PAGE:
WS: The subject(s) of your songs, is it usually personal or a general message that you’ve come across? This song for example, personal experience?
LB: If I’ve written about something, I’ve gone through it. That’s how I write. It’s hard for me to write about something that I haven’t gone through because writing is how I cope. For this song, it was personal experience. I had this friendship that I thought was good. When things went sour, I would just accept the apology that was made and move on. But, towards the end of Summer going into Fall, everything just built up more and I couldn’t handle it so I ended up letting the person go. It sucks because I know it hurt them, but at some point you need to admit to yourself that someone is hurting you and you need to protect yourself. Because for me in 2016, I learned a lot about trust and emotional abuse and honesty. And I think the thing that really kills me is that, there’s two sides to every story and you never know which story people are going to believe. I hate that I know someone is saying bad things about me and there’s nothing I can do about it. I just can’t defend myself it feels like. And I know that a lot of times it’s better to stay silent but you also just want to scream, “Hey that’s not true, they’re lying!” For me, writing this song is letting people know my side of what happened because I felt like I deserved a chance to explain.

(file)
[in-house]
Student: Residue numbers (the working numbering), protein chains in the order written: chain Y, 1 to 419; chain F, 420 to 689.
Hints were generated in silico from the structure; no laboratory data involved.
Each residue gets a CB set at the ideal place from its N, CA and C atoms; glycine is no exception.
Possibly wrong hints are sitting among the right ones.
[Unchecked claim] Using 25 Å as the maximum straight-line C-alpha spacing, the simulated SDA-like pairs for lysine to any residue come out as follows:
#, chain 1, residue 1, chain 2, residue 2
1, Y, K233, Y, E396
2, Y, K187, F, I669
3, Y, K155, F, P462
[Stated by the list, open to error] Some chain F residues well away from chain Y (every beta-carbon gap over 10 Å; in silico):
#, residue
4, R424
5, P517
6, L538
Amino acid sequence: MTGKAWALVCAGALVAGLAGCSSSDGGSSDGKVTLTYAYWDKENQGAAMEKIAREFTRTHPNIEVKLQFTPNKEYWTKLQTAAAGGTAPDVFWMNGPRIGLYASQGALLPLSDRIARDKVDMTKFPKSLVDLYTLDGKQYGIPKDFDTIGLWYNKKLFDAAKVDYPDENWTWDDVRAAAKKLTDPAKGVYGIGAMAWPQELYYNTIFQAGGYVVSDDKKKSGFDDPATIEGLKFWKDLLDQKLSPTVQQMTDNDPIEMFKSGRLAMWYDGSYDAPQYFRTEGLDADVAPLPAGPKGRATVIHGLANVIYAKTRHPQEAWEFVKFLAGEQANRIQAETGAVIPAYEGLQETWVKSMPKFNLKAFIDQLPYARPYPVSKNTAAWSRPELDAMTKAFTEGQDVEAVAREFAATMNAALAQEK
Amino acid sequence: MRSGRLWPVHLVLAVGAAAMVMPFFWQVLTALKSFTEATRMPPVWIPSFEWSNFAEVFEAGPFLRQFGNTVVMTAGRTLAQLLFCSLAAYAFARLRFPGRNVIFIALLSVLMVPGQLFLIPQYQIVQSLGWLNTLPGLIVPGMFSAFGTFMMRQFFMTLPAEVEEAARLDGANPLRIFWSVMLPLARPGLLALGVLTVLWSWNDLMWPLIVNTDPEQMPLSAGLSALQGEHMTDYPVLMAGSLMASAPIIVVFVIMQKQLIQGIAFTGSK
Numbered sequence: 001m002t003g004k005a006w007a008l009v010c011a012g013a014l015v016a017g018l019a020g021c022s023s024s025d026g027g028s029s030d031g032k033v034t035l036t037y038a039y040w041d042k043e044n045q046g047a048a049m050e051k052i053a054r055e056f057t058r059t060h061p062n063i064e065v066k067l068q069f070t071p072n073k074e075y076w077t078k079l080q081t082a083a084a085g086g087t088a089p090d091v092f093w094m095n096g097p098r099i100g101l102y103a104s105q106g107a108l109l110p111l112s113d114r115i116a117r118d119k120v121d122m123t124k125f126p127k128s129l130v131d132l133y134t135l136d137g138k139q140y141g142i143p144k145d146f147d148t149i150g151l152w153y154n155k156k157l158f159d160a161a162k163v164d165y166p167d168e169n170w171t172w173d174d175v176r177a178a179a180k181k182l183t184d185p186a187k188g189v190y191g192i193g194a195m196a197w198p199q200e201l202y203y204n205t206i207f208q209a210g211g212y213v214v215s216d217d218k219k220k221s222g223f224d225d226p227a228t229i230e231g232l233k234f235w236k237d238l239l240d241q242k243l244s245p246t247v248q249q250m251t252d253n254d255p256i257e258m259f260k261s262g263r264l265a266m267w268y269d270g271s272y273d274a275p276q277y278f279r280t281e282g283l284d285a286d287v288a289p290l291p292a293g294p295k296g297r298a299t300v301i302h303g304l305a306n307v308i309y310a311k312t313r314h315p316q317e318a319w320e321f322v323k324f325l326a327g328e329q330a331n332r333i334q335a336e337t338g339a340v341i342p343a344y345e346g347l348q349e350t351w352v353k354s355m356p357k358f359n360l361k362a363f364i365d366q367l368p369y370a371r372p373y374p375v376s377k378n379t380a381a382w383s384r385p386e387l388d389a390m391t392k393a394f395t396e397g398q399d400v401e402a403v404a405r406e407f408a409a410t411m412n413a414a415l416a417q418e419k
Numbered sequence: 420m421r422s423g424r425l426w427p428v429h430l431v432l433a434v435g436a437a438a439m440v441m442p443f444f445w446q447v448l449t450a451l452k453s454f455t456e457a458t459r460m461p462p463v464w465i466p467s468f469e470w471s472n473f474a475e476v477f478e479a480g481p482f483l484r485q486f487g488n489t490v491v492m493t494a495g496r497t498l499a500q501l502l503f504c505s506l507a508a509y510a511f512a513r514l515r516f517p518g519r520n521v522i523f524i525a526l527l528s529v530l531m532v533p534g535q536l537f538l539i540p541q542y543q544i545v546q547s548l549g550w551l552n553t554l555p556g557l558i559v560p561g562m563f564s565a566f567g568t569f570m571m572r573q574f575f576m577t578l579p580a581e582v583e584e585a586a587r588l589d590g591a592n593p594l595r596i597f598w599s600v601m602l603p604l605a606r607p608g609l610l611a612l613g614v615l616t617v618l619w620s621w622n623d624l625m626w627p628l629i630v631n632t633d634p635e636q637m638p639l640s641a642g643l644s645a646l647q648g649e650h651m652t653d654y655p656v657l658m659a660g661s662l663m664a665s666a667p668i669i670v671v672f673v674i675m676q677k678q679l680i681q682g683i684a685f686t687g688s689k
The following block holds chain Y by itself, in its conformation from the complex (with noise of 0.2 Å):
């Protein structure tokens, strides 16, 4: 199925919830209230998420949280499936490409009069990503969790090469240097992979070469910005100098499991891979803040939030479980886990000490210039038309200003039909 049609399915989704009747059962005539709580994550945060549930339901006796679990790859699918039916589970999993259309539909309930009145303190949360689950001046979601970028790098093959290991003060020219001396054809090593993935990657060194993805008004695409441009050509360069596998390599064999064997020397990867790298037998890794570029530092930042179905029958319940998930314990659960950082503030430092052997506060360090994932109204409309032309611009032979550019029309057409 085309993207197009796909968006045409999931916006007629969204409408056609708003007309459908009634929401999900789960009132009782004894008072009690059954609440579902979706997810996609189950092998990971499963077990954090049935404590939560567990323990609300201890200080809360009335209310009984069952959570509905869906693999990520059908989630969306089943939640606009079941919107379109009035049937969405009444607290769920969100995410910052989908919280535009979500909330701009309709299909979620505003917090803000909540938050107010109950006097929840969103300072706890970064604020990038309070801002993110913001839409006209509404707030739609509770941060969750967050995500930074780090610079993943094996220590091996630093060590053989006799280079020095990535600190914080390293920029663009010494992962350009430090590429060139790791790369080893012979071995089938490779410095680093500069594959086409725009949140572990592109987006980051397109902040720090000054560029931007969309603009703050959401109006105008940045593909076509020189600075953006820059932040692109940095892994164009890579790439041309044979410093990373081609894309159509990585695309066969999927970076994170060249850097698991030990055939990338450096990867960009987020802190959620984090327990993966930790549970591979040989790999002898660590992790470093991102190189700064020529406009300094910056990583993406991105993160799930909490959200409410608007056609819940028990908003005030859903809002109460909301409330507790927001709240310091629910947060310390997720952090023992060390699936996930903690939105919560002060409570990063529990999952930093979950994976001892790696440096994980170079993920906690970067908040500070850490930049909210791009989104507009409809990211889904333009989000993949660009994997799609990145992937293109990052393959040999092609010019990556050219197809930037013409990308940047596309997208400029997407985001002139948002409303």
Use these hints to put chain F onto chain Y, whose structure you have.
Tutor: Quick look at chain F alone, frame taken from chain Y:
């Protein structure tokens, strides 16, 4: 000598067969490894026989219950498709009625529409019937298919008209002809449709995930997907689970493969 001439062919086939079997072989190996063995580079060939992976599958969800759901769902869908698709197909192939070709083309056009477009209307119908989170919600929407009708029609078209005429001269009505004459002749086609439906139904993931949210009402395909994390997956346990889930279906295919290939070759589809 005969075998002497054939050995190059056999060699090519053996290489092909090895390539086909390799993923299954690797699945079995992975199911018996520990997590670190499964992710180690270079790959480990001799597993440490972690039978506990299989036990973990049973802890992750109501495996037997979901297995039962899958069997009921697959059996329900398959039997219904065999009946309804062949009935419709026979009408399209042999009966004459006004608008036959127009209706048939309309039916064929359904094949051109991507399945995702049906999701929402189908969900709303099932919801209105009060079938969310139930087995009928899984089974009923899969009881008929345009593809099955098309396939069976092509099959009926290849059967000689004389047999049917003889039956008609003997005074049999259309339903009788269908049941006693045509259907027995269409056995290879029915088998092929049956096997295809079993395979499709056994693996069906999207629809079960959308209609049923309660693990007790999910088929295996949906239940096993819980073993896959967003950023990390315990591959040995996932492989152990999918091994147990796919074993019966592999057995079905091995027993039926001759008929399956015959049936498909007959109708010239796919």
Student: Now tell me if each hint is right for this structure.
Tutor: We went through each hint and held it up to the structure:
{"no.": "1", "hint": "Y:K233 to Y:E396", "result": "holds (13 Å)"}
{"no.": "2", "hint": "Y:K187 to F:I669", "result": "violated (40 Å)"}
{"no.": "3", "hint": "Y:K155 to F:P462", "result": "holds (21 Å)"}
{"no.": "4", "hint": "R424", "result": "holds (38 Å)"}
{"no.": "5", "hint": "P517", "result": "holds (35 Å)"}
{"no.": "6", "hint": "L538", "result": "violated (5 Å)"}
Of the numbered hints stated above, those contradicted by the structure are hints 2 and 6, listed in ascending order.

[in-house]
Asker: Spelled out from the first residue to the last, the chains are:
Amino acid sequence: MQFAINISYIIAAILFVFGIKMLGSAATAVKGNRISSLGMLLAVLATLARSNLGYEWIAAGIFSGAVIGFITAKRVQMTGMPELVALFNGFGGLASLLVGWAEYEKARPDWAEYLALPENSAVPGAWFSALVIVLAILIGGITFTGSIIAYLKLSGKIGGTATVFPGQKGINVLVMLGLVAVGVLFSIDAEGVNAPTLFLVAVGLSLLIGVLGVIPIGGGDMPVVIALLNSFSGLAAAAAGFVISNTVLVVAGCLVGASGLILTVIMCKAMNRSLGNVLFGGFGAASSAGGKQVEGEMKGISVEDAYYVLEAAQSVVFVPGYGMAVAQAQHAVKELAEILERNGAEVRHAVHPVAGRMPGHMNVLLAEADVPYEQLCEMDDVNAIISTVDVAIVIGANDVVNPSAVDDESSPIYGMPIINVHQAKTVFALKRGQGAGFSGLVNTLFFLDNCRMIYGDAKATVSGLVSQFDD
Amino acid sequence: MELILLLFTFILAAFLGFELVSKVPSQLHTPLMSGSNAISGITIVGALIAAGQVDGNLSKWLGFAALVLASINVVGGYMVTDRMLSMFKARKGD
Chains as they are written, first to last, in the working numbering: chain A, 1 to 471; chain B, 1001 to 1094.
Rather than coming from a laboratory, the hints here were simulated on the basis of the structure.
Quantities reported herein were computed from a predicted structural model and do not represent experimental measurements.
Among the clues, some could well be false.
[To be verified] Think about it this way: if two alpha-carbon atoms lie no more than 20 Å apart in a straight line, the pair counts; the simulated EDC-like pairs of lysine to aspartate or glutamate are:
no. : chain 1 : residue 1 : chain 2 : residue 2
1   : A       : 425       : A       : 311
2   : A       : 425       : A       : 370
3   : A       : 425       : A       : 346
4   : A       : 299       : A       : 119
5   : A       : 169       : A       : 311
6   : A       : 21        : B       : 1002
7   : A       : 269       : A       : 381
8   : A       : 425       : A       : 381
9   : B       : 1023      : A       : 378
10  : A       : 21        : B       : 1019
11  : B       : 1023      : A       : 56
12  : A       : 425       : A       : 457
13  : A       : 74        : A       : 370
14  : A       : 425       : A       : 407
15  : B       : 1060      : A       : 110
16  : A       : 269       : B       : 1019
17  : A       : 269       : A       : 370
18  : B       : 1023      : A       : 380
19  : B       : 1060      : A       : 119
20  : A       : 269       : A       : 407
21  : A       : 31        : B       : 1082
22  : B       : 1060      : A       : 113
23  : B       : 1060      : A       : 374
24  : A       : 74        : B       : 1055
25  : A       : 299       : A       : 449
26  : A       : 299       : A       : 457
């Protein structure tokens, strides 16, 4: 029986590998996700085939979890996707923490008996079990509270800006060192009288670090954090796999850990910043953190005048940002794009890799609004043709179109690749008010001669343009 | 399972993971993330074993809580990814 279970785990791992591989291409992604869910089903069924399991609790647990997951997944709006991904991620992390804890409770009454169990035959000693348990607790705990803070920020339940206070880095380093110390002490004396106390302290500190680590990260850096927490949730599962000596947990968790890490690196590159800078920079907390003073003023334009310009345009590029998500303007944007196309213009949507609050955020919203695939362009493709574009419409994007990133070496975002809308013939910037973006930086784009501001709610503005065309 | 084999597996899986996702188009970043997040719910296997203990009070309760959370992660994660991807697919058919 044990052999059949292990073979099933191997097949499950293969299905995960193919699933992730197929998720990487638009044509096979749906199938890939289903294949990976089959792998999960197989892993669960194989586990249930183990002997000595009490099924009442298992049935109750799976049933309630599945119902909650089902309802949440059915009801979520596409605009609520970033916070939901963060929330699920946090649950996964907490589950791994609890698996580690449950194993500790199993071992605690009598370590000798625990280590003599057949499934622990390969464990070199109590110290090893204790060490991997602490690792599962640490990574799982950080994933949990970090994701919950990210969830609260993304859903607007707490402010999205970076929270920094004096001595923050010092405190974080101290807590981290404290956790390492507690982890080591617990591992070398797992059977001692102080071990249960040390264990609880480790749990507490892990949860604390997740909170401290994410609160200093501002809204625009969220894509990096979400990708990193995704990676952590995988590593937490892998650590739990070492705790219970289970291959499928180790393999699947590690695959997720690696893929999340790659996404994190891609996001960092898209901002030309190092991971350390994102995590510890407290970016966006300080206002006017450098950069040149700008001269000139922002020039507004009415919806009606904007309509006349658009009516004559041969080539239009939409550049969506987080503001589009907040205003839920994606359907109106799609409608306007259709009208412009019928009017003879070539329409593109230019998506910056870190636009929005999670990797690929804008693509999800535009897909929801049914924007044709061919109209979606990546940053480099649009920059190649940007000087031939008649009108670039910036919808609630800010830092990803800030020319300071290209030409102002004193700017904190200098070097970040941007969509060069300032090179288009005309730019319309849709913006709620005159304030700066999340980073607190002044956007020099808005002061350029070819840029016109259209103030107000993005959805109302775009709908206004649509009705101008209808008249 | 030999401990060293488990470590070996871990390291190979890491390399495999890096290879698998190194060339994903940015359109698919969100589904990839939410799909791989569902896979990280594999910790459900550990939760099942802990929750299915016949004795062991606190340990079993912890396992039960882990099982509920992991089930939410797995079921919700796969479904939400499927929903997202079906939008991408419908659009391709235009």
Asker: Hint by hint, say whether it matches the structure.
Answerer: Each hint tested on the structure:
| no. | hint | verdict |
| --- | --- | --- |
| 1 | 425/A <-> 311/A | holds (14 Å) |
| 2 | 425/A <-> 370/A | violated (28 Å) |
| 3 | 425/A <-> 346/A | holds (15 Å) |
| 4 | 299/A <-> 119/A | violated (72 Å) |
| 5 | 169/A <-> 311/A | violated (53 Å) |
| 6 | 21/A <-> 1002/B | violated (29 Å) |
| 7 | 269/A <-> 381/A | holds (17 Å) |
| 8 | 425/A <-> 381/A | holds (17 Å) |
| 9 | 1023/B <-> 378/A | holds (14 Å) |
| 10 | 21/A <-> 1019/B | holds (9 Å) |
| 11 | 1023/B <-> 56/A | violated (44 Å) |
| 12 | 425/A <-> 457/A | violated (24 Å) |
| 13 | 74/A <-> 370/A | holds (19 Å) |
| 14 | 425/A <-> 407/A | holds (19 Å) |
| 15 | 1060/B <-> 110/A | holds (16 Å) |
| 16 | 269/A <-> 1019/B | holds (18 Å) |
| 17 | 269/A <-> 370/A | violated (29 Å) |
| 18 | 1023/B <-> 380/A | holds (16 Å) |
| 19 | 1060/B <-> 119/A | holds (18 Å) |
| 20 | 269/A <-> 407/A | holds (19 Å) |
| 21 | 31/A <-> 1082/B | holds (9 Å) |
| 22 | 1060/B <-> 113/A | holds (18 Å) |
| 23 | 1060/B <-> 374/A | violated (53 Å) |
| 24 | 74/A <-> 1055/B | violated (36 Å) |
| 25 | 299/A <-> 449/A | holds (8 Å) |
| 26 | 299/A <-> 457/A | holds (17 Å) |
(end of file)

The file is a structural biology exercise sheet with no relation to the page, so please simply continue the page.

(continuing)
WS: I think writing from experience and sharing it is probably one of the most vulnerable things a person could do. You’ve been sharing your music for quite some time and I’m sure it was nerve wracking initially. What made you decide to share that part of yourself and do you still get anxious to share new music with the world?
LB: I wrote a lot in high school and that’s when I became serious about writing, but I never shared anything until I was out of high school. I was so scared of what everyone would think and say, I didn’t want to walk through the halls and have everyone stare at me. I regret that a lot now, I wonder where’d I’d be if I had started sooner. But, what made me want to share my songs was the feedback I got after posting one. People tell you that it helped them and that they can relate. To me, that’s everything because that’s what I look to music for. It’s crazy to me that people now look to my music. I still get nervous. I wrote a song called “I Hope This Doesn’t Hurt You” because I was so scared it would hurt the guy it was about.
WS: You just released your new song, “Unlovable” on iTunes and now, you’re sharing “Two Faces” with us. It’s only the first month of the new year! What can we expect for the rest of 2017 from you?
LB:I really wanted to release “Two Faces” as a thank you for “Unlovable.” I was really nervous about this [song], so this is gonna be a huge thank you. Realistically, my goal for this year is to record an EP/album. I’m leaning more towards a full length album since I have so many songs. I’m not exactly sure when it will be out, but it’s something I’m serious about.
Listen to “Two Faces” here and be sure to look out for Liz and her work as the year continues!